“My greatest aspiration for this museum is to stir our thoughts beyond the human construct, to encourage us to transcend our divisions and obsessions, and to examine ourselves individually and collectively in light of the fact that we are all together in a fragile, irreplaceable lifeboat floating in the limitless void of space: the Pale Blue Dot,” Wong added. “By simulating the experience of orbital motion, and designing each form of the museum to track the movement of the sun through the sky, we have created a building that teaches visitors more about the universe through an architecture that reinforces the monumentality and grandeur of the museum’s subject matter. The museum heightens visitors’ attention to forces beyond our daily awareness.”
Constructing the cosmos
With all of these theoretical elements in place, Wong and his team had to determine the techniques and materials necessary to give its vision form.
“The materiality of the design is actually quite simple and intentionally spare,” Wong said. “There are two primary materials on the exterior: a glass-fibre reinforced concrete panel (as well as cast-in-place concrete in some areas) and faceted anodized aluminium panels. These two materials were meant to be in contrast: one massive, rawer, grounded and tied to the earth, while the other was highly machined, reflective and shimmering toward the sky.”
“The building’s form is unique—the entire structure has no right angles or straight lines, a purposeful choice meant to echo the conditions of space,” Wong explained. “Structurally, it presented an immense challenge to actualise something as geometrically ambitious. We coordinated very closely with the engineers and construction team using digital modelling to map out where things would be in the three-dimensional space.”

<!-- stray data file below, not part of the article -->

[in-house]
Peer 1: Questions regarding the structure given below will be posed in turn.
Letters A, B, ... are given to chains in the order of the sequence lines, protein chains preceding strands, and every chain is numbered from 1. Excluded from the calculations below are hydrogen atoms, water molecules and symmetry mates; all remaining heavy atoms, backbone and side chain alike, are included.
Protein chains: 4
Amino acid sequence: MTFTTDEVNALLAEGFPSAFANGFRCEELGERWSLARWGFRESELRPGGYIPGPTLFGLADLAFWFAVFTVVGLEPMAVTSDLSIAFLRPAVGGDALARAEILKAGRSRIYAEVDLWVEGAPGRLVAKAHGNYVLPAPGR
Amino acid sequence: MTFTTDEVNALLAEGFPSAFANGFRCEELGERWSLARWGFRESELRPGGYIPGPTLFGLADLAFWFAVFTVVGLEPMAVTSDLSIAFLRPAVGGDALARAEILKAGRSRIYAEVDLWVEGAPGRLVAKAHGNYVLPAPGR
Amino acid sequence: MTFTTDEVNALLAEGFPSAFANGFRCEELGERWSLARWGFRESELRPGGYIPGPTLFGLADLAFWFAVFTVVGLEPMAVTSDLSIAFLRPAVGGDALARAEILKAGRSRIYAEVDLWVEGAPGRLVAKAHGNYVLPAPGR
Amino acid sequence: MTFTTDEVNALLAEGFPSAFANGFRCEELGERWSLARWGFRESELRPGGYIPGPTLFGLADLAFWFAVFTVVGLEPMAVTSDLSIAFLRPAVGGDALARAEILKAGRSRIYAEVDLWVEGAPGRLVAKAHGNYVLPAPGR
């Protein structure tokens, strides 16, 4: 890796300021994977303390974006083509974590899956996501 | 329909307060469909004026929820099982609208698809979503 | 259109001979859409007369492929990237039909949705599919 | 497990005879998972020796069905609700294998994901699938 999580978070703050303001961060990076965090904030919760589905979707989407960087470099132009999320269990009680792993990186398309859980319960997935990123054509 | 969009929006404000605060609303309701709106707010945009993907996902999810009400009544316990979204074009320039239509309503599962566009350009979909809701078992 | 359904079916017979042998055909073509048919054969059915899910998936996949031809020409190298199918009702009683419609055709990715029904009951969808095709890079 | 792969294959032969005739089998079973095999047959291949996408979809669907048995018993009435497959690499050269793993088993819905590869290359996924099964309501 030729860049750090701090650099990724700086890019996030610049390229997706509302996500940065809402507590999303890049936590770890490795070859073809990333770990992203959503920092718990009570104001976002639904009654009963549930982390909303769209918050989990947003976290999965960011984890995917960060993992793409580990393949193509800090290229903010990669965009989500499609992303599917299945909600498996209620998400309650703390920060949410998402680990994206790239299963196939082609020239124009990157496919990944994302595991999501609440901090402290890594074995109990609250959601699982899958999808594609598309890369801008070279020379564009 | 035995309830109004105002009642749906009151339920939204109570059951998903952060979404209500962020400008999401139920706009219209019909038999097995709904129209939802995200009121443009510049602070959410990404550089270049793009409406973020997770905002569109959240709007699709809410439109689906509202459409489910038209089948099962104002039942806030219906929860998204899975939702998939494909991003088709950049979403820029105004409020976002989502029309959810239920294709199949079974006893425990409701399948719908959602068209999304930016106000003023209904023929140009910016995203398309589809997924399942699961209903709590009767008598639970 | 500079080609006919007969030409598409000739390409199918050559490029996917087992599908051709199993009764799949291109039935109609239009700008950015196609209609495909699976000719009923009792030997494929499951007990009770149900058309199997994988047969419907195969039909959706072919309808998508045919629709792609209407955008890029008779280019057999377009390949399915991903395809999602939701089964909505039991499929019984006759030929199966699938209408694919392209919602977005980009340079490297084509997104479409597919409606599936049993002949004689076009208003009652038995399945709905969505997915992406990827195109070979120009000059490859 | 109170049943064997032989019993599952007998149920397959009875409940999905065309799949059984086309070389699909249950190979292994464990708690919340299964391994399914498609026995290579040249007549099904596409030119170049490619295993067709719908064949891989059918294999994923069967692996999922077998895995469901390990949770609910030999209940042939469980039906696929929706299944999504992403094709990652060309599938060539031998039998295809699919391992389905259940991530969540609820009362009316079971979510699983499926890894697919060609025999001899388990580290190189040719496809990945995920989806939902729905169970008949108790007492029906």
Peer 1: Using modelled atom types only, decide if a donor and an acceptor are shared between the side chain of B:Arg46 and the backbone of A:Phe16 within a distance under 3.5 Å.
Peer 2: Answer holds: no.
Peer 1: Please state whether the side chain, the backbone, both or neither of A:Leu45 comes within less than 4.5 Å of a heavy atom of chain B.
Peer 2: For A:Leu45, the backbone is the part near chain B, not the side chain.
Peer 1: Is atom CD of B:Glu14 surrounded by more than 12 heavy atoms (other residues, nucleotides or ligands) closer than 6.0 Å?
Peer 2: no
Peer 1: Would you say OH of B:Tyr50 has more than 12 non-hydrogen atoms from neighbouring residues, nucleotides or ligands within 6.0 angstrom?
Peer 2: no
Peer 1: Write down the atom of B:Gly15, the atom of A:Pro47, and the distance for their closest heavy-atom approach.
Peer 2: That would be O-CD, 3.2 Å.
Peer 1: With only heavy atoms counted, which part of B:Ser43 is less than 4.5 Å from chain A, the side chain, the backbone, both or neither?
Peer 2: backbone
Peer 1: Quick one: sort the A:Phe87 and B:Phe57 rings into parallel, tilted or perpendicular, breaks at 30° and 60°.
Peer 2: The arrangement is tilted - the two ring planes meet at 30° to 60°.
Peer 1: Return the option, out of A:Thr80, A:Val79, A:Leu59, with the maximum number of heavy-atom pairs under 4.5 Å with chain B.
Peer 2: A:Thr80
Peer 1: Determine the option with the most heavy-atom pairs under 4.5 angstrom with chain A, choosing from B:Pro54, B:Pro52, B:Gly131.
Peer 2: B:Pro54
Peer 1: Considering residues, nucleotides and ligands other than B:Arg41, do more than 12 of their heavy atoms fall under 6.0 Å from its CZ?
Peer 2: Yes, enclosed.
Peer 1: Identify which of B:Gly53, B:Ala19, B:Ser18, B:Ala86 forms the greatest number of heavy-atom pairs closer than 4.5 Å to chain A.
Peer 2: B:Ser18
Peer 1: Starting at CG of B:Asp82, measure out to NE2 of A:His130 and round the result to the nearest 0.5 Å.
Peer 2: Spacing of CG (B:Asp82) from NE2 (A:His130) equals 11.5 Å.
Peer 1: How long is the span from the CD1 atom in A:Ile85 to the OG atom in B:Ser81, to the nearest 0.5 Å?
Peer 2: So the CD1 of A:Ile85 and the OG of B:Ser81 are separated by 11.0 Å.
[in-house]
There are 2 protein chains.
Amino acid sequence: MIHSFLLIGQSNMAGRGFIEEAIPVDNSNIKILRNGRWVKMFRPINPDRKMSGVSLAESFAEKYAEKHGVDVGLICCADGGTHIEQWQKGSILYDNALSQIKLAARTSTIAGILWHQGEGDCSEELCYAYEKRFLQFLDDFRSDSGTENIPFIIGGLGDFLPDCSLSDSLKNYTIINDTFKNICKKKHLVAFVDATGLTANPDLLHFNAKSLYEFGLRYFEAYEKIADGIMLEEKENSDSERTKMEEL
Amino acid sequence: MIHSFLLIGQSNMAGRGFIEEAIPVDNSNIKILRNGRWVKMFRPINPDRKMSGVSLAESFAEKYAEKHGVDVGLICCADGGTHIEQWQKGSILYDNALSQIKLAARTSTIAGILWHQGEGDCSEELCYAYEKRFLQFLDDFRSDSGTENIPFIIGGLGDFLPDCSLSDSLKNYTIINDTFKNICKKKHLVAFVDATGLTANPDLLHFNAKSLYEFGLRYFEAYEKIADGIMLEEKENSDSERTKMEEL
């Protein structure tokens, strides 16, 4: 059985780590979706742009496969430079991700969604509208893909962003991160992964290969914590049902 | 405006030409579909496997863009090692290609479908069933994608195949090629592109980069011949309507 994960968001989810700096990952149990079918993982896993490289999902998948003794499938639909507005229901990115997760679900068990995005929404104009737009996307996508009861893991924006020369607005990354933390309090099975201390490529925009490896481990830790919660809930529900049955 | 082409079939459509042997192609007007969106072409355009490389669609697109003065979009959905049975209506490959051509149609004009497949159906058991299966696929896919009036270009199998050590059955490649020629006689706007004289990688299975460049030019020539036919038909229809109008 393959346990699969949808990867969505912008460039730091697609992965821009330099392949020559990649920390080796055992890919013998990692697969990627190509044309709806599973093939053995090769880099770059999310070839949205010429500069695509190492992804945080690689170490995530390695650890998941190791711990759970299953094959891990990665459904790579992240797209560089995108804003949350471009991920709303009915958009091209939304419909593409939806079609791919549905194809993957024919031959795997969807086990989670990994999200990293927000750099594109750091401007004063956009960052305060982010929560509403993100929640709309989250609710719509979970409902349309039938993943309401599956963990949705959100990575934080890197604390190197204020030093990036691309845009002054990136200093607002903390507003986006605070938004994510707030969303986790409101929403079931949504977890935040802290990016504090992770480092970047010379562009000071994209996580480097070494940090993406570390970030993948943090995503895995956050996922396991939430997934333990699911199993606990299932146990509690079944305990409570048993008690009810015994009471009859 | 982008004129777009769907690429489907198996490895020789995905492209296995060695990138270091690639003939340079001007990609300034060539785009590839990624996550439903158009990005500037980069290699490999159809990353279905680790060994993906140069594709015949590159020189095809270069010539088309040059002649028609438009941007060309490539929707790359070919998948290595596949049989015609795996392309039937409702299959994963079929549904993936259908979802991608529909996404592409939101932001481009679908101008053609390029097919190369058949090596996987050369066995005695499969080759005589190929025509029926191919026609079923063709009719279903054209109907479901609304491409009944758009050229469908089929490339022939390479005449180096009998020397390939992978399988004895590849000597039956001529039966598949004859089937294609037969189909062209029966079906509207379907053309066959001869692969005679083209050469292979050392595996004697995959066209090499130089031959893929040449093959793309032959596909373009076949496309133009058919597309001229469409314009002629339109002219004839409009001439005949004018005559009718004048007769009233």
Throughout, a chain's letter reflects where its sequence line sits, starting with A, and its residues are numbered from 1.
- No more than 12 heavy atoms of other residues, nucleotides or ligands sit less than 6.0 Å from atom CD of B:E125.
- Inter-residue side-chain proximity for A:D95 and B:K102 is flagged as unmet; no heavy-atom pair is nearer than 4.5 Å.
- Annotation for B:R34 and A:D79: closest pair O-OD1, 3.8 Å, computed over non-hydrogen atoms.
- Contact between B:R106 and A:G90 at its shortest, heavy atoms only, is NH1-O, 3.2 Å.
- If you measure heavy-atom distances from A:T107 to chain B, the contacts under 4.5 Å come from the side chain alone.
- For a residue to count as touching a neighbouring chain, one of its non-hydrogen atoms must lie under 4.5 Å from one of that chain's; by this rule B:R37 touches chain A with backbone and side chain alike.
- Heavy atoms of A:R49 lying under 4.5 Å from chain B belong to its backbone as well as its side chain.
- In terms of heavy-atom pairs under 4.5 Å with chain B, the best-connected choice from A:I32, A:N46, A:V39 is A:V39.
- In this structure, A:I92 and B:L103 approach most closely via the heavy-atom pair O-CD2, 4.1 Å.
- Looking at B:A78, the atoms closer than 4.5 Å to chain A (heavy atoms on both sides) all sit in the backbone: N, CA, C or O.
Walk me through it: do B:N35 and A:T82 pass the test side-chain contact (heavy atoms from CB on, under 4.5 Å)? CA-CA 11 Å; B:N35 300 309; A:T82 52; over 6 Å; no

Because of the extreme geometry of the structure, Wong said the team had to get creative when the time came to develop the construction techniques that would best suit this unique design.
“One of the most technically difficult aspects of the building was the cantilever at the entry,” he said. “We wanted the cantilever to mirror the building’s form. Originally, the structural engineers proposed conventional, straight steel trusses to support it, but we worked closely alongside them to conceptualise a curved, belt truss solution. Installing the cantilever itself was an immense technical challenge—we had to install and build the structure with temporary supports. The day they were removed was incredibly tense, but thrilling.”
A vision takes form
As the initial engineering stages were completed, Wong said that it was thrilling to watch the team’s vision take form. “The construction process was indeed an exciting one and there were days where I was simply awestruck at the project coming to reality,” he said.
One of the most rewarding parts of the building process was the construction of the museum’s central atrium. “I clearly remember a visit when the atrium was still under construction when the muscle of the concrete tripod and the steel skeleton of the spiralling ramp were all evident and flooded with light from above,” Wong said.
“These features, combined with the raw state of the construction process around them—the atrium was filled with partially dismantled steel scaffolding and sparks were flying through the air from a welder—left me speechless. It felt like walking into one of the great cathedrals of the world, where you are awestruck by the magic and the magnitude of the place. It was at this moment that I understood the power and potential of the museum.”